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Which type of software is better?


Forte Lambardi

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Me and my father had a discussion about free software and commercial software. He claims that that commercial software (you have to pay for) is much better than freeware, and I say otherwise.

 

I would like to hear your opinions. It's not one of those "I am right you're wrong" issues: I want ot know what others think.

 

I personally think that freeware can be just as good as commerical software.

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As far as quality goes commercial software is usually better than their freeware counterparts, but what do you expect when one is backed by hobbyists and the other is backed by a million dollar corporation. But with that said you can function perfectly using mostly free software and I have been doing that for a long time now. (especially if your a student running low on cash. In a business environment you may not want to rely on freeware)

 

I use OpenOffice, the gimp, NVU, and paint.net all the time but I would never say that those are better than MS Office, Photoshop, or Dreamweaver because they aren't but in a home environment the freeware will cover your needs most of the time.(all of the time from what I do and the people I know do).

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I see your point.

 

So, one has to consider what kind of environment he or she is working with when he or she is trying to figure whether he or she wants to use freeware or commercial software.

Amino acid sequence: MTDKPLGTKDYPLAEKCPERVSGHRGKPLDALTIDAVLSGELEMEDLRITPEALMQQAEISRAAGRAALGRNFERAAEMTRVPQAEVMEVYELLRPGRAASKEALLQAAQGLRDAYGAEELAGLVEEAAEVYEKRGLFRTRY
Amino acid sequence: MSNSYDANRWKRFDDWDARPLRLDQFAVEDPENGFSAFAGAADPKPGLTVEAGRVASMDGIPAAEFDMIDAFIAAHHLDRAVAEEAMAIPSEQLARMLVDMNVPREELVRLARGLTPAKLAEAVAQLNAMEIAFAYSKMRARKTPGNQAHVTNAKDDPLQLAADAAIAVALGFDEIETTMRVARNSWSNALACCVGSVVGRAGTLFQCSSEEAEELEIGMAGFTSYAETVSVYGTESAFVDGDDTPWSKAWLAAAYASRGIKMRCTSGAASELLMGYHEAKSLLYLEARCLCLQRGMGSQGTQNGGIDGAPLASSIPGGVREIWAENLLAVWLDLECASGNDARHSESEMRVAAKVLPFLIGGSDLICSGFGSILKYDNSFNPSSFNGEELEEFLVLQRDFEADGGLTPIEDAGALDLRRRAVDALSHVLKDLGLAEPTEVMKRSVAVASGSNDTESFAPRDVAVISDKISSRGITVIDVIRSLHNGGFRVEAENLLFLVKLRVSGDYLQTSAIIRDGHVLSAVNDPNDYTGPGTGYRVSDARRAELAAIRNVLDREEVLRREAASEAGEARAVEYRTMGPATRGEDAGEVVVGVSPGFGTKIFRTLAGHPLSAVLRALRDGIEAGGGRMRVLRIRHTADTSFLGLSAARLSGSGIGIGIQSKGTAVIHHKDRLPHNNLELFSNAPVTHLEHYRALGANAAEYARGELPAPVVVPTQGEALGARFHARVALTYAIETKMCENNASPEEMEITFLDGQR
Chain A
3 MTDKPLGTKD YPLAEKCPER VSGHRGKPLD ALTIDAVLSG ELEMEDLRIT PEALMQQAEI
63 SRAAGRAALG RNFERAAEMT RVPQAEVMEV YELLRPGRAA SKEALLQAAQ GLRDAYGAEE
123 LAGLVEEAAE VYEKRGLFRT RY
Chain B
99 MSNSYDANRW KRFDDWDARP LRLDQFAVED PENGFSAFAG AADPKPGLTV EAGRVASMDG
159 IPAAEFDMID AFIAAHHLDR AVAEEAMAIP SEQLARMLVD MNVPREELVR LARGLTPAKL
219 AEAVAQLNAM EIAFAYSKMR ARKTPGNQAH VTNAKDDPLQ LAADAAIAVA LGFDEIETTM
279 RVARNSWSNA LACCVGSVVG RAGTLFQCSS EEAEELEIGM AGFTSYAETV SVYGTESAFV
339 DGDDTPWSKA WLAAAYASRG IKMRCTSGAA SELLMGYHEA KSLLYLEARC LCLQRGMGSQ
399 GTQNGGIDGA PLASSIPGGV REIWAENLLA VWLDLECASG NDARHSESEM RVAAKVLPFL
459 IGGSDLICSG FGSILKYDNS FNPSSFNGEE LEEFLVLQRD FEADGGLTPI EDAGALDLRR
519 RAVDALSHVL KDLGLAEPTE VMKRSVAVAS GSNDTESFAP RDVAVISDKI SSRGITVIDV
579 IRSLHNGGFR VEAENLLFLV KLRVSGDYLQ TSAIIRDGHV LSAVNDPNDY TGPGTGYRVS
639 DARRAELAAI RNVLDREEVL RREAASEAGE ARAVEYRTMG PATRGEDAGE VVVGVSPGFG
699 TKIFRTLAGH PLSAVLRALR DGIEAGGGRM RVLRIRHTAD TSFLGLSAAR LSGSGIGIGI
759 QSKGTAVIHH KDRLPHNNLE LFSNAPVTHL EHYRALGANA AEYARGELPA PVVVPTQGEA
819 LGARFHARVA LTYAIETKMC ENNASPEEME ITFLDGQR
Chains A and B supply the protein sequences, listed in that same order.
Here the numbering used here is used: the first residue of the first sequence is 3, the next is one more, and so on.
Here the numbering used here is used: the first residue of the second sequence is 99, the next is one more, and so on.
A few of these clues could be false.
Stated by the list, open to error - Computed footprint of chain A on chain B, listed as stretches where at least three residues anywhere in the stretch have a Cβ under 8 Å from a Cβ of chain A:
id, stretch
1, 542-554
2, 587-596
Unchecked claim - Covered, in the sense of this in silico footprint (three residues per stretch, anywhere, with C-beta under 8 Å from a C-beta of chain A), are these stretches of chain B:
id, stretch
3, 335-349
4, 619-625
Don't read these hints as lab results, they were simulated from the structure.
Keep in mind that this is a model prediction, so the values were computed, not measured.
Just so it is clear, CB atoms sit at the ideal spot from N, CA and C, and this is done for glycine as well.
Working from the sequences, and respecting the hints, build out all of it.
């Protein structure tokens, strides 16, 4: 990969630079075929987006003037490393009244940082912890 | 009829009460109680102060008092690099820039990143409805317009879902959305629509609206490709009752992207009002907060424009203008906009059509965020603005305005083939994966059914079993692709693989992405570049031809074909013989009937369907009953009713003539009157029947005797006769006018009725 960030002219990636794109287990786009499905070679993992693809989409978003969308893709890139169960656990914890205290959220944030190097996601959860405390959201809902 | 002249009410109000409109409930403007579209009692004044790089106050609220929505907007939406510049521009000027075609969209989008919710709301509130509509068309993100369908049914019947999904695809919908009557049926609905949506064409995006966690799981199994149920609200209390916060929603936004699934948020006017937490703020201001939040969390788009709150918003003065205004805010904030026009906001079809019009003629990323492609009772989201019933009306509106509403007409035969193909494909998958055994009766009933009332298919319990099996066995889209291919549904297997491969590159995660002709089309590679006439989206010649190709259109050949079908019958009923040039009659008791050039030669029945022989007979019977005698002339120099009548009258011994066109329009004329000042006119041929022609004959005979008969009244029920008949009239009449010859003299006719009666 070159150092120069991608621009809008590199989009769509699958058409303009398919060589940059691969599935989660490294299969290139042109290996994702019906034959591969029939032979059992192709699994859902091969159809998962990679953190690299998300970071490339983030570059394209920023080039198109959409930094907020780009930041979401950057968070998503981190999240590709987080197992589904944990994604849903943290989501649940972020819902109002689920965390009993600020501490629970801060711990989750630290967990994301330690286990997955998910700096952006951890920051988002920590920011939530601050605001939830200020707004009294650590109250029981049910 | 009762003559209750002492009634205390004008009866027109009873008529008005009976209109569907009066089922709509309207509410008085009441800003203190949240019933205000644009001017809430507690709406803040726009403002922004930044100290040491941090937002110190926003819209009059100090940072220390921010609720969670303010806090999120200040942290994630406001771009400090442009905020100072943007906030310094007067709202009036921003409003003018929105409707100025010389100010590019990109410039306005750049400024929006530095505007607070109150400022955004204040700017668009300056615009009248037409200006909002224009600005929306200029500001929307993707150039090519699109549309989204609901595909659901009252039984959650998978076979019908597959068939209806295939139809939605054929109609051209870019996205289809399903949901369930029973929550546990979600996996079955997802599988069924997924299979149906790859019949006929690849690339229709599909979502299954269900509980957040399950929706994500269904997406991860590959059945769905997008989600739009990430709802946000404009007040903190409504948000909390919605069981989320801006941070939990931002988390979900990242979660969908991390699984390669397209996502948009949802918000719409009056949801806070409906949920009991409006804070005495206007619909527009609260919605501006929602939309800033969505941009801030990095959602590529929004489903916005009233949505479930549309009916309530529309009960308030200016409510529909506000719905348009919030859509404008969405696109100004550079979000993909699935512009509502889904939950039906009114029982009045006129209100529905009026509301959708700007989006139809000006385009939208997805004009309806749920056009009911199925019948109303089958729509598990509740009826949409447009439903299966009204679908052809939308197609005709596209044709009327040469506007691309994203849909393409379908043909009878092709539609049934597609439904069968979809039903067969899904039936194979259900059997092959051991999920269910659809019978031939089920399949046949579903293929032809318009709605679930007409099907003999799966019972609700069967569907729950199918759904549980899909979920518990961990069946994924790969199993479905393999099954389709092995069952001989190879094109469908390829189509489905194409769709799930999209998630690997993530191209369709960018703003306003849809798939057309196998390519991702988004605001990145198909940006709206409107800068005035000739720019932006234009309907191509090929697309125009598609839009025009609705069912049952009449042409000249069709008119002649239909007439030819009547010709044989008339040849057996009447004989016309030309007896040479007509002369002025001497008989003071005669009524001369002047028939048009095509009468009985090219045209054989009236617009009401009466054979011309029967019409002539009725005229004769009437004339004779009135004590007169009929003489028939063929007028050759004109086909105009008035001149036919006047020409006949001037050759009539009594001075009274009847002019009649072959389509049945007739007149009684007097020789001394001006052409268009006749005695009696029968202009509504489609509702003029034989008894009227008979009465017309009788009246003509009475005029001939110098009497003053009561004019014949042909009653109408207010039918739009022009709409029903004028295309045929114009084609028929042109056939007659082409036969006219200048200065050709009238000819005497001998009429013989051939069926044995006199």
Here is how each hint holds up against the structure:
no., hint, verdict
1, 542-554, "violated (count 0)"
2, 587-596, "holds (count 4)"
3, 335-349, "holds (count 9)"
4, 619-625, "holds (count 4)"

My dad uses Norton Internet Security, and he kept boasting how it was the best thing he has ever seen. He saw it at his work, and he decided to use it.

 

I try to use it, and it's god-awful for my computer: it hogs resources, it slows down start up, and it slows down overall system performance (at least for me). I switch to freeware and I am running well, if not better, compared to when I had Norton on my computer.

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Your not the only one, you wont find many here singing praises for Norton,

Just stick with the free AV's they are way better than Norton,

If you want to pay for one I recommend using NOD32.

fireryone

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You didn't say were talking about security software. :P

If thats the case get AVG Free or Antivir Personal and forget about it. The windows firewall along with those one of those AVs will keep your pc every bit as protected and running much better than a norton infected(thats right infected) computer.

 

Also pick up AVG antispyware and superantispyware which both have free on demand scanners and use them every now and then. Actually just read through the links in my signature. :)

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I can think of many advantages for freewares over commercial wares besides price. ;)

 

 

- No reservation for features > no "We'll put those new features on the next version and charge the users again for them"

 

- No bad add-ons just for the vendors to claim extra functionality which looks good on the package box, but in reality have little use.

 

- No additional resources required and bugs introduced by those bad add-ons.

 

- Smaller and more efficient

 

- Not pressured to come out before it's ready

 

- No stupid rebate game (US)

 

- Softwares are downloaded and ready for use in minutes (depends on connection speed)

 

 

These are the ones I can think of, feel free to add to it.

 

 

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I have always chosen freeware whenever possible, there are a lot of good free software applications out there, especially in the security area.

 

I used to have avast but it never really agreed with my computer whereas avira (free) does.

 

However if a particular piece of software was something I was really interested in using, and I found after a trial that it caused no system problems, I would consider buying it at a reasonable price.

 

Support contact

https://support.piriform.com/hc/en-us/requests/new

support@ccleaner.com